Archive for the ‘Clinical Psychology’ Category
Internet-based psychotherapy is a hot topic since a few years. The main advantage is money: Computers are much cheaper to run than licensed psychotherapist. So if a computer could achieve the same or nearly the same treatment outcome as a human expert this would be a huge advantage, as computer systems can be replicated almost infinitely (and once the program is written at almost no costs). We have to keep in mind that for political and economical decision making the effect size is not the only important factor. When considering which project to found something like “effect size“ / costs is more appropriate. In times of long waiting lists and many people without health insurance, cheap treatment means reaching more people. Another advantage is that physical boundaries are not important anymore. If a specialist for a specific therapy is 1000km away it just does not matter anymore. Furthermore the possibilities for comprehensive care, by involving personal with different expertise (social workers, psychologists, physicians) can be achieved by using the internet as a medium.
On the other hand there are some drawbacks. Privacy is a difficult factor as digital information is much more vulnerable than a handwritten dossier. Traffic which uses the internet (and not some special intranet) is always at risk, not to mention the risks on the computer of the client and therapist itself (viruses, Trojan horses, etc…). Face to face contact also offers additional information about the client (non-verbal communication, punctuality, interaction with other patients/staff members) that are lost in a digital environment. Therapeutic alliance is also more difficult to achieve in purely internet-based psychotherapies. I believe that ultimately internet-based therapy will play huge role in mental health care, especially in the concept of stepped-care. There are many ways to use computers and the internet to improve on the (very expensive) system we have today, but face to face therapy will always be an important part of every sever disorder, as (disturbed) human interaction often lays at the core of the problems. That said, we should try to develop digital forms of psychotherapy because not only will that give access to important help to much more people, but we will also be able to learn about the therapeutic process from that experience. In turn that will also increase efficiency of traditional psychotherapy and supply us with new hypothesis and theories.
http://www.vrphobia.com (which turned up as #1 in Google) is an organization that is called Virtual Reality Medical Center. They treat all kinds of anxiety related disorders, but seem to focus mainly on specific phobias. After the intake session the client is taught skills to suppress automatic fear reactions. In the following sessions the client is gradually exposed to the feared stimulus. In other words: VR desensitisation.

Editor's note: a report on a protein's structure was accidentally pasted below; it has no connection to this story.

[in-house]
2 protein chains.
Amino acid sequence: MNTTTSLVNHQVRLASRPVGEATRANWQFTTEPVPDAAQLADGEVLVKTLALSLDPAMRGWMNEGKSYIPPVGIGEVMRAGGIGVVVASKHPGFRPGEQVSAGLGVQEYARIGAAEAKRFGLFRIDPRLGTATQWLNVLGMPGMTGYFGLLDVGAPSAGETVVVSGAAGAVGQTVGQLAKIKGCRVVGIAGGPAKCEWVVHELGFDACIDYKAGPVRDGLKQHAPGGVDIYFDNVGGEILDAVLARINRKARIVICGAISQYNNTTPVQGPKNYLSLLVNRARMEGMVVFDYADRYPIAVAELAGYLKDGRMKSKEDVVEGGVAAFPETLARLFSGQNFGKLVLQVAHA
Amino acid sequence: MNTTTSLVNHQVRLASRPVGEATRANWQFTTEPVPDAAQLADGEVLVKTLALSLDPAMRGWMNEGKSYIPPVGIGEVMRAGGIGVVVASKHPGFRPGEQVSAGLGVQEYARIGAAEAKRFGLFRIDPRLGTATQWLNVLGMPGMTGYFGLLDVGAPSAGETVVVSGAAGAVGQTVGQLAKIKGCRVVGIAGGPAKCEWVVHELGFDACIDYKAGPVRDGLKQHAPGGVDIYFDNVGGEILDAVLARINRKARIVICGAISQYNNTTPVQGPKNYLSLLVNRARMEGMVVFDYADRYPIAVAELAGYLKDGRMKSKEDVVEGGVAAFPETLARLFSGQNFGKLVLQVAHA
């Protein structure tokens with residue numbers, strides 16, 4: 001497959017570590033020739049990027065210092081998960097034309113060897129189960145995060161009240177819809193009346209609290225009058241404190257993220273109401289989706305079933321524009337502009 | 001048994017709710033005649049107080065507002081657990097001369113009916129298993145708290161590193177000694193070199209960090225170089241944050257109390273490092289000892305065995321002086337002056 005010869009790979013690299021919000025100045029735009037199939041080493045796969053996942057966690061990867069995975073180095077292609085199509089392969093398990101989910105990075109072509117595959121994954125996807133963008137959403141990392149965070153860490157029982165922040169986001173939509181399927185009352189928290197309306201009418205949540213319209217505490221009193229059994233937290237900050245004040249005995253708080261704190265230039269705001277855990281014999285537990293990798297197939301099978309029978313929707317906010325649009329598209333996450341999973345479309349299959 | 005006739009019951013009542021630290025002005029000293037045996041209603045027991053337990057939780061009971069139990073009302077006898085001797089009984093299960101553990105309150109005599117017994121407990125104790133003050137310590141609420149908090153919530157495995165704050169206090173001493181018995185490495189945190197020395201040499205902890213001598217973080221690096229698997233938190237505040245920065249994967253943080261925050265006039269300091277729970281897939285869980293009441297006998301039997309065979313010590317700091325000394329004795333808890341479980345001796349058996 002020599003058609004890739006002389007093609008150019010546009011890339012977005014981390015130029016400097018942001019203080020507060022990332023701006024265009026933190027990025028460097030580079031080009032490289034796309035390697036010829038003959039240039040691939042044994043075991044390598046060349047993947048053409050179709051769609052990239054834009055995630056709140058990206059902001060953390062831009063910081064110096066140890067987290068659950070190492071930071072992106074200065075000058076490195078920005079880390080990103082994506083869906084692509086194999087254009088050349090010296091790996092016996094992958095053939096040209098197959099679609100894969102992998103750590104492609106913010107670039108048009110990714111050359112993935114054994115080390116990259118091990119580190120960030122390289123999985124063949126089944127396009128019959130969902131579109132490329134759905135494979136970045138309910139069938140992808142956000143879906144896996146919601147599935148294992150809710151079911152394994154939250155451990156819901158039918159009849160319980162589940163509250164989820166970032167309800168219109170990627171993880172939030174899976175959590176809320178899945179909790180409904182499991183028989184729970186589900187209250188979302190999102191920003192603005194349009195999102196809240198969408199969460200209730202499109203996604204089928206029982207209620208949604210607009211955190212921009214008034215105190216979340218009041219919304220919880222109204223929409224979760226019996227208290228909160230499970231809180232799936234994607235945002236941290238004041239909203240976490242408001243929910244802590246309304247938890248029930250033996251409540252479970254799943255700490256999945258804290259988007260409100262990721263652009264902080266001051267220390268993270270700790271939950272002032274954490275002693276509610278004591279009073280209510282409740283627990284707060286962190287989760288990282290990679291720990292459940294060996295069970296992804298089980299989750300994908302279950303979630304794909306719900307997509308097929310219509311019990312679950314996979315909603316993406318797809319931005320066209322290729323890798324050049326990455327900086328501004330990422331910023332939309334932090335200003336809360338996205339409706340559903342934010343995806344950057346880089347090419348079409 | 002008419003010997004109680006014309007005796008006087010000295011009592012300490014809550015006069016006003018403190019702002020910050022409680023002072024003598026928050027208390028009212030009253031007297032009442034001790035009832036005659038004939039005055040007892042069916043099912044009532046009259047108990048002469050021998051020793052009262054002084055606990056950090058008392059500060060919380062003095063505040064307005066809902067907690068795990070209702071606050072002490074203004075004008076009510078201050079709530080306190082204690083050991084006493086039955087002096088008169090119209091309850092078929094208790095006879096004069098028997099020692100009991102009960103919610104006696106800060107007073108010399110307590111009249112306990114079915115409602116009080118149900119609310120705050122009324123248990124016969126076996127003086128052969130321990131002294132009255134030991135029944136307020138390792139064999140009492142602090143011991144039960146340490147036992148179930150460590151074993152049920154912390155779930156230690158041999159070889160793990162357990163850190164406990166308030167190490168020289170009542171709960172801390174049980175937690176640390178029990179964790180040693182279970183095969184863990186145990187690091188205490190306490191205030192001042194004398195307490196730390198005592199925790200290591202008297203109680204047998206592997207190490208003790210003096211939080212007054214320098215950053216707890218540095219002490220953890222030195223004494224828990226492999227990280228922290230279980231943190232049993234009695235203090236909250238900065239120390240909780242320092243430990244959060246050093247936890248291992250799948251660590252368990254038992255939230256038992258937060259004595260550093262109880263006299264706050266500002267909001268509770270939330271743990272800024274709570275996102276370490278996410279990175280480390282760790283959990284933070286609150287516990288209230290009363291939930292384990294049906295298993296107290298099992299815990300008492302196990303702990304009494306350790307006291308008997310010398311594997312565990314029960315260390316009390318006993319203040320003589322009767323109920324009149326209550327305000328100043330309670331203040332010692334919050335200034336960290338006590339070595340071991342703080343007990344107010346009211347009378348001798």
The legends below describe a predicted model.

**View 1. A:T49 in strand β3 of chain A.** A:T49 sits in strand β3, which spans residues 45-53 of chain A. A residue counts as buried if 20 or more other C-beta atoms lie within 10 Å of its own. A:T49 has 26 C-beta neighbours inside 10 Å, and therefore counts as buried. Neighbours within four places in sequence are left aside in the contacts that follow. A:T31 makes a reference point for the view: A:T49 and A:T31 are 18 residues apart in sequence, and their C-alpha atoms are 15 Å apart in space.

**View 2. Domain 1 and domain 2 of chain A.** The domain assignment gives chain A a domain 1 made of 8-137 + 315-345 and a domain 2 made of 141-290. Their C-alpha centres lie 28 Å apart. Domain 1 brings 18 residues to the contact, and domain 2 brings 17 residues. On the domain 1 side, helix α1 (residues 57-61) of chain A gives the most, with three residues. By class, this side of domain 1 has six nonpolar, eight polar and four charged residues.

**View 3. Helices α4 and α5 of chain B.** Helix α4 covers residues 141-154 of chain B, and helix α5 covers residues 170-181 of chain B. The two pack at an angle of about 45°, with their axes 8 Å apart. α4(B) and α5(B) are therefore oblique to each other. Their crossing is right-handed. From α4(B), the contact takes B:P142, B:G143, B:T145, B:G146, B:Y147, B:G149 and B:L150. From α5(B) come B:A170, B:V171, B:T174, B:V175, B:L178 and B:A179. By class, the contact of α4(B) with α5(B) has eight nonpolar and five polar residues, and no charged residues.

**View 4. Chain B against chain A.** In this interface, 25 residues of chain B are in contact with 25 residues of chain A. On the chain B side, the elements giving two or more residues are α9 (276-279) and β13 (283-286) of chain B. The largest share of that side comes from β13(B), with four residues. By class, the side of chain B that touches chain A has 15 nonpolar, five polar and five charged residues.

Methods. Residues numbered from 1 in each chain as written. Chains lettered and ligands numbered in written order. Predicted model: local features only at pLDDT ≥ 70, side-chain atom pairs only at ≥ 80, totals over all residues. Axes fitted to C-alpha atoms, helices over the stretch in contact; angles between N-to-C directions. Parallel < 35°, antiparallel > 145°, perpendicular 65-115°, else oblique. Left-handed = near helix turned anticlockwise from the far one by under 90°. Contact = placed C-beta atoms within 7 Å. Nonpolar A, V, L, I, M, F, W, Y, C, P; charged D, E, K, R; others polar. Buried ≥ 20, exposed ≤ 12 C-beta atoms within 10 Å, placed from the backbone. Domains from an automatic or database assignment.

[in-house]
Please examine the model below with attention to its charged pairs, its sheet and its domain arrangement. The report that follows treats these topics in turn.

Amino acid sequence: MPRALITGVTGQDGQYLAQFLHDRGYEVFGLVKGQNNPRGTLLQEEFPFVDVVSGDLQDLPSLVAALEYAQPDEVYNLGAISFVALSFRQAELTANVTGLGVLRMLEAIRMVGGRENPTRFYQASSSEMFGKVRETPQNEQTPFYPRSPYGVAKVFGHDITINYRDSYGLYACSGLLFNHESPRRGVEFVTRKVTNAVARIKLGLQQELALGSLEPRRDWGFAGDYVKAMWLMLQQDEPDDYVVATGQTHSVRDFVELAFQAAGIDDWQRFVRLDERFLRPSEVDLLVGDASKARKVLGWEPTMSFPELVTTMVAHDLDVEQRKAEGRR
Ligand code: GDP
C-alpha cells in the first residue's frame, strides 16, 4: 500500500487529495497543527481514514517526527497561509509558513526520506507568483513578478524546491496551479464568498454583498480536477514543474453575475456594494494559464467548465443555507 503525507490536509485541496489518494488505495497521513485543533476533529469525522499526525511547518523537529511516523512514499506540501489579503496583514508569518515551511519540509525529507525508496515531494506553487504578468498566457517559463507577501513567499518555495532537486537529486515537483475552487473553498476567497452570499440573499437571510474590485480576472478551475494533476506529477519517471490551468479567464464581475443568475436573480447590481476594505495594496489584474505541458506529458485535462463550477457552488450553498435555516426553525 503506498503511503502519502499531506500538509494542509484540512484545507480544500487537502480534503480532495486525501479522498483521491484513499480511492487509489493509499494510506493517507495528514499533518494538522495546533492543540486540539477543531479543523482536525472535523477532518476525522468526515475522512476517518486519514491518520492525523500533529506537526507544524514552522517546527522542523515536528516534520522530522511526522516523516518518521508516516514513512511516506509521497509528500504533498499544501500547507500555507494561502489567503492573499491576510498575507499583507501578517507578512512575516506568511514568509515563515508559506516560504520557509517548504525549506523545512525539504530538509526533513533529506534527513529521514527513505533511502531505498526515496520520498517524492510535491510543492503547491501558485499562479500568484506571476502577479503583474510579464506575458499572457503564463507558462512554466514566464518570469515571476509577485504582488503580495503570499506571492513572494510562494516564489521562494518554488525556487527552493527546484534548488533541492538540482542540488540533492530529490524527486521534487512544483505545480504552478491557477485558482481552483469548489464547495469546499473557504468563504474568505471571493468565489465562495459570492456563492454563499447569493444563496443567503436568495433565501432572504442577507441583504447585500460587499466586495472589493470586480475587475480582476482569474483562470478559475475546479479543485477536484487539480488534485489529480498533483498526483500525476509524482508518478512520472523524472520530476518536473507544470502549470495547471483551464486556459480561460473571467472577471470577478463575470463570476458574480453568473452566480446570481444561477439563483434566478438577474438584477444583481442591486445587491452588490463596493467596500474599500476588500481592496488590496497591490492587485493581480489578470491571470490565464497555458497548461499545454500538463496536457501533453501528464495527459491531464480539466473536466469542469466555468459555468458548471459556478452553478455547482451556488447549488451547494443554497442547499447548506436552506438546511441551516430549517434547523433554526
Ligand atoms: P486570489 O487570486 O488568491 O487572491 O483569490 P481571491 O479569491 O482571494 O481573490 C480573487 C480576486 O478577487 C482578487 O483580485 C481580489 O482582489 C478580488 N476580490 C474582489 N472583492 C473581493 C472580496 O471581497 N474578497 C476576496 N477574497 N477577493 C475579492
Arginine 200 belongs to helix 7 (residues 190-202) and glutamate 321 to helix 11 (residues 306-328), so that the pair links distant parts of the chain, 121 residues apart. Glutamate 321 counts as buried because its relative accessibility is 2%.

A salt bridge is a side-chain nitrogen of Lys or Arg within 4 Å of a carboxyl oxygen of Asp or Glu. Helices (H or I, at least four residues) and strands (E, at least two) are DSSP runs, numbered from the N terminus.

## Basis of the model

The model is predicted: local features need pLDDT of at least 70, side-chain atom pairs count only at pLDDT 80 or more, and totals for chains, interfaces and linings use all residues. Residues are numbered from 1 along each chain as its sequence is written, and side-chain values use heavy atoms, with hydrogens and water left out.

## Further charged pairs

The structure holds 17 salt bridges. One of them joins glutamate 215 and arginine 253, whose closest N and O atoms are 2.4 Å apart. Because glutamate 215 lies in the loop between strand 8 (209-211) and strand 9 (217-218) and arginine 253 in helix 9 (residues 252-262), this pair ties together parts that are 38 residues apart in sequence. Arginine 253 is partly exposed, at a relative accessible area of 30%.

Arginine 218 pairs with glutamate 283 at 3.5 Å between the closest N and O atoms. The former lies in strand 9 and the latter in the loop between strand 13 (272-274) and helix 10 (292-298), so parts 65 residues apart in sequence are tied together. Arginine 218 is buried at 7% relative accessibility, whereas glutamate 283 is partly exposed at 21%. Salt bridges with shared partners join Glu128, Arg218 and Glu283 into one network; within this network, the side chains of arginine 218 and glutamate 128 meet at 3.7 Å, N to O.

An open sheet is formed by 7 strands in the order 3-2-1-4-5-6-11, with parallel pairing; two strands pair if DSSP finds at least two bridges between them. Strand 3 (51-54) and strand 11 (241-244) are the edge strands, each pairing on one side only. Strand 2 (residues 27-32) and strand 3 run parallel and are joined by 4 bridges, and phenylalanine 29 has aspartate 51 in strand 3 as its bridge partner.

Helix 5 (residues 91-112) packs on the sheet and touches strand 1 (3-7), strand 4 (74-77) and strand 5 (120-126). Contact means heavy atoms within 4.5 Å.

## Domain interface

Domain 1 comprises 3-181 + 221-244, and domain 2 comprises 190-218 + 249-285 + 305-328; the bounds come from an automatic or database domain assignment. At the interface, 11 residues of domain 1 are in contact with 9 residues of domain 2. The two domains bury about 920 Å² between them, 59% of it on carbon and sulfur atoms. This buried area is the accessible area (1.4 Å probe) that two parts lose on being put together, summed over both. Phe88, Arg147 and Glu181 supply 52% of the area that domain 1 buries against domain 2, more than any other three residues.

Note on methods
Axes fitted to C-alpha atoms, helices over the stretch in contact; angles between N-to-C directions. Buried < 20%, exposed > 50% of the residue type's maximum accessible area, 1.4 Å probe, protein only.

Obesity and addiction have some common properties. This research seeks to integrate some findings of addiction research into eating disorder therapy. In that light they make use of VR for distinct goals: Help the client to experience the own body in situations that are normally avoided. This experience is supposed to have influence on body perception and also empower the client. In the VR patients came “face to screen” with their personal risk situations (supermarket, gym, etc…) and could train emotion regulation and problem-solving skills in a save environment. The randomized clinical trial seems to indicate that the ECT group did indeed better than standard CBT.
As http://www.cybertherapy.info/cybertherapy/8_Optale.pdf shows also psycho-dynamic therapists start to see the merits in using new technology. Erection dysfunction and premature ejaculation are treated in a virtual environment (the porn industry will love that application) together with standard psychotherapy. The possibility to enact the new strategies in a save and private environment is supposed to speed up the therapeutic process. First clinical trials seem to indicate that this might indeed work for some clients, also it is not clear for whom exactly. Sample size is not adequate in study 1, power is much stronger in study 2. Results are not telling a clear story (yet?).
By the way:
http://www.cybertherapy.info/ is the most comprehensive and excellent source for material about VR in psychotherapy that I could find on the net. Especially have a look at the free books, like http://www.cybertherapy.info/pages/book2.htm or http://www.cybertherapy.info/pages/book3.htm. The articles are downloadable as PDF (just scroll down). Especially look at book 3 session 2 that comprises some clinical controlled trials with cybertherapy (which seems to be the keyword I was desperately looking for).